Poor Mary by Sylvia Townsend Warner, 1947
by Sylvia Townsend Warner, 1947
Sylvia Townsend Warner's "Poor Mary" was first published in The Museum of Cheats in 1947, a collection that concentrates on the effects of war on British life. The stories work almost as a series of vignettes, with a markedly different tone from much of Warner's other writing, which may stem from her interest here in representing contemporary social conditions. Claire Harman suggested in her biography of Warner that the irony and satire of her early stories has been replaced here by a "texture … which had to form a suitable vessel for the sad, shabby, petty, and pitiable characters Sylvia was observing."
Although the texture may be different, the central themes in "Poor Mary" are familiar enough to readers of Warner's stories. The story is a brief glimpse into the lives of a couple separated by war: Nicholas, a conscientious objector, and his wife Mary, a volunteer in the ATS. The narrative focuses on a visit home by Mary, who has been away for four years, that gradually reveals a relationship that has been deadened and then brutalized by the war around it. The space and differences between the couple form the concern of the story. Not only have they taken opposite stances with regard to the war, but their separation during it has irrevocably altered their relationship:
She smells of metal, he thought, as I smell of dung…. Just as there was a difference between their smells and a difference in their gait, there was a difference in their manner of speech.
The distance between them is marked symbolically both by everyday detail—Nicholas, for example, is unable to remember whether Mary takes sugar—and finally by their lovemaking at the end of the text. This is, it seems, only bearable because they no longer have to maintain the pretense of communication:
Their smells of dung and metal would mingle, her shoulder would feel like greengages and her hair would get in his mouth, and she would be silent. It was one of her graces that she was silent in bed.
It is the texture of the writing, as Harman suggested, that pushes the loneliness at the center of the story into the realm of abjection and brings the horror of the narrative to the surface. This is achieved both through the mode of narration and with the intrusion of disturbing surreal images throughout.
Except for her dialogue, Mary's voice and experience are almost effaced, and the point of view presented is always that of Nicholas, however bizarre, fragmented, and disturbing. Despite the third-person narration, the reader has access to his internal thoughts and to the narratives he constructs about Mary:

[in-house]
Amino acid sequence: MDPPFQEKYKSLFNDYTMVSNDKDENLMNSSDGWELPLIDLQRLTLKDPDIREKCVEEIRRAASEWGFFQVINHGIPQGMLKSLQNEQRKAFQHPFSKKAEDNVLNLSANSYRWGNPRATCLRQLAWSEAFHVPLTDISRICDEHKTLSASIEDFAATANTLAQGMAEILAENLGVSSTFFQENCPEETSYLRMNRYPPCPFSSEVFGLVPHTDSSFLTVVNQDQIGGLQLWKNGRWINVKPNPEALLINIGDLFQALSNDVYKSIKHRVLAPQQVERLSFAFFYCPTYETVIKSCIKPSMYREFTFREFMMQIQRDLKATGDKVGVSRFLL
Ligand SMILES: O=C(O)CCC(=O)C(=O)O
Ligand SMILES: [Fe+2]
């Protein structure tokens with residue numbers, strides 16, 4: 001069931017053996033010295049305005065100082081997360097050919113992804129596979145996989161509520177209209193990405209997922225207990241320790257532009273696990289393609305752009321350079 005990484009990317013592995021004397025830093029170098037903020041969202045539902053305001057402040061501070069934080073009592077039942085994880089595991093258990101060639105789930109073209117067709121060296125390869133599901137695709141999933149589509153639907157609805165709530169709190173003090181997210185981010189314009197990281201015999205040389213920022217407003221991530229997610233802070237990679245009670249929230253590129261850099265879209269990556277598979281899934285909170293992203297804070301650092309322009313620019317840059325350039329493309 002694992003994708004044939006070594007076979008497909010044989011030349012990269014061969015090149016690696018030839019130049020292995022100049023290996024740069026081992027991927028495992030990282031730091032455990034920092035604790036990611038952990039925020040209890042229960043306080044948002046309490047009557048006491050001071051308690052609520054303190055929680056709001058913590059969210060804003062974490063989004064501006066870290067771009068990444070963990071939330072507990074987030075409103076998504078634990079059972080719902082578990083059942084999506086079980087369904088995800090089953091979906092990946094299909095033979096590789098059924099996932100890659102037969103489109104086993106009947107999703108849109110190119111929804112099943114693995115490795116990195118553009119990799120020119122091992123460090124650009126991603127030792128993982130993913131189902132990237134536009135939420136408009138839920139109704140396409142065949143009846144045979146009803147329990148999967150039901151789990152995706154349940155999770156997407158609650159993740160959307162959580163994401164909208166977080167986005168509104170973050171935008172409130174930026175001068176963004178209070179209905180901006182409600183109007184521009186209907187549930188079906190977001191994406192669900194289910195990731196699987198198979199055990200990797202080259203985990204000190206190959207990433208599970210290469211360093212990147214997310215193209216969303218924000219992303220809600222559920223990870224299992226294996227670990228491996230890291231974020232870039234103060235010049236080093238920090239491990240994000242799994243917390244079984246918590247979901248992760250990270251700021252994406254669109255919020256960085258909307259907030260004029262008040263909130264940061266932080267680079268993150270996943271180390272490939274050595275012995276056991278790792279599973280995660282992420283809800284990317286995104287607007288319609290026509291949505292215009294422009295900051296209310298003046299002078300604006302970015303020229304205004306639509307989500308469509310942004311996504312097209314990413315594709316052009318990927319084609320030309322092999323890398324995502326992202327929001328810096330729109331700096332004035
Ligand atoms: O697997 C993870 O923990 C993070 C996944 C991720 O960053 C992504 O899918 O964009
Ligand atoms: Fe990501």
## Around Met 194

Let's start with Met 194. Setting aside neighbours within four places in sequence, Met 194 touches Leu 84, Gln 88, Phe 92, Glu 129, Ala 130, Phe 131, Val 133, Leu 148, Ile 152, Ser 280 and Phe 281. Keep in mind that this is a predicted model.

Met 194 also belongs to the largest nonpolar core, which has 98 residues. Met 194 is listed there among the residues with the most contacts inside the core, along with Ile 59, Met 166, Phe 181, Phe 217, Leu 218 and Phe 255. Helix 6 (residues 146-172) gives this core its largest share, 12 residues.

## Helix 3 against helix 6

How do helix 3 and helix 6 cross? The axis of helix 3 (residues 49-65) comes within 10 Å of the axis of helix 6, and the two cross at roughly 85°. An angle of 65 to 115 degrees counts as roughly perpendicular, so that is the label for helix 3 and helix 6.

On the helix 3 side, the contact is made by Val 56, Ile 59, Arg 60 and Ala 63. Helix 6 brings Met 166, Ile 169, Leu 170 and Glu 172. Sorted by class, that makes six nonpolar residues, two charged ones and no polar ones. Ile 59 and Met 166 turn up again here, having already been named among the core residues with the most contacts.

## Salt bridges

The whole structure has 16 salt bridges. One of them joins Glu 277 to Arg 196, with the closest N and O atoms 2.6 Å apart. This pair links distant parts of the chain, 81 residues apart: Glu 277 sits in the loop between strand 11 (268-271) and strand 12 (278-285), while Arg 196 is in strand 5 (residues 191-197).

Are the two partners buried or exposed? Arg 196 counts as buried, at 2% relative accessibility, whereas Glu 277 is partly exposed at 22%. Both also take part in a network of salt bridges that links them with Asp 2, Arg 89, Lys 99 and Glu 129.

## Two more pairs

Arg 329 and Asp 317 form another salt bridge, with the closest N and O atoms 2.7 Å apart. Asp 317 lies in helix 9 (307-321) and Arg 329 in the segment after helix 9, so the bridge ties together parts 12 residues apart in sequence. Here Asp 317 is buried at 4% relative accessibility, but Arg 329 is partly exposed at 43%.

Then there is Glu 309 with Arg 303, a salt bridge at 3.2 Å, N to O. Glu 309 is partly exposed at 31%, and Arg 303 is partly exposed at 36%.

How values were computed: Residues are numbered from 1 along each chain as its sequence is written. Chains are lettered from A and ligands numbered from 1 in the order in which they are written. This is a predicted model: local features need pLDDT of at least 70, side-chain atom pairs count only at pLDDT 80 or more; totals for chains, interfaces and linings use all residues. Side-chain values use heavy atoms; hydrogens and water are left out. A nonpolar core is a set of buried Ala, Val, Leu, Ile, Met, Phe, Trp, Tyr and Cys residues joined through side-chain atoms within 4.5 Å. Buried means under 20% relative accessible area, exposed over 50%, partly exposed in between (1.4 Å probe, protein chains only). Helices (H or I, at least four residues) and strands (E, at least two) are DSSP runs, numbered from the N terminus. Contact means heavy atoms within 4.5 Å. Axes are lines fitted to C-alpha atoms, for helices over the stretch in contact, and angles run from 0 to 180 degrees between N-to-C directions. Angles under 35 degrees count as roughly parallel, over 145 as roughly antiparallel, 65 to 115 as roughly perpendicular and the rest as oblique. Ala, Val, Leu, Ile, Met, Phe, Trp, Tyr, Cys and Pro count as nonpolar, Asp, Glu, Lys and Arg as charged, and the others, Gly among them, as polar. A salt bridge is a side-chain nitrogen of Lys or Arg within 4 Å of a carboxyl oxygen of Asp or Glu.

She was going to have a baby, no doubt of it. It accounted for everything, for her nerves, for her legs, for her appetite, for her arrival. Poor Mary! … And the next instant he was thinking: My poor Mary, I hope it wasn't a rape. Meanwhile his indifferent body was complying with the schedule of his daily life, and he felt himself to be growing more and more sleepy.
Indeed, throughout the story it is his indifference and the sense of irritation at the disruption of "his daily life," more than any concern for Mary's welfare, that is so striking. When she tells him that she has fallen in love during the four years they have been apart, he is only aware of the kettle for tea he is holding ("Would nothing rid him of these turbulent kettles?").
The figurative language and surreal detail give the story its disturbing power and mark this from the beginning as something other than a conventional narrative of romance, which we otherwise might expect from the opening scene of Nicholas picking flowers for his wife's homecoming. As in her "A Love Match," a story dealing with the taboo of incest, Warner alerts us here to a different discourse by the image of the hedge in the second paragraph as being "like a black wave breaking into lips of foam." The natural landscape, like the emotional one in the story, is sterile ("the leafless hedge"); everything within it is tainted and deadened. This atmosphere is carried into the interior of Nicholas's home, a space as small and enclosed as the narrative. When Mary comments on the candles in the kitchen, he explains,
I bought them at a sale. They're called corpse candlesticks. The idea is that you leave them by the body all night, you see, and the rats can't knock them over.
A narrative perspective is thus gradually established that is almost wholly contaminated by the horror of war, the same horror that Warner highlights in "A Love Match." Here, however, the partial nature of the narrative, its sketchlike quality, is crucial to the atmosphere of the text. "Poor Mary" ends with another disturbing image. After they have made love, we are told that Nicholas will sleep, "letting the day's fatigue run out of his limbs as the fleas run out of the body of a shot rabbit," emphasizing once again the horrific filter through which the lives of Mary and Nicholas are seen and lived.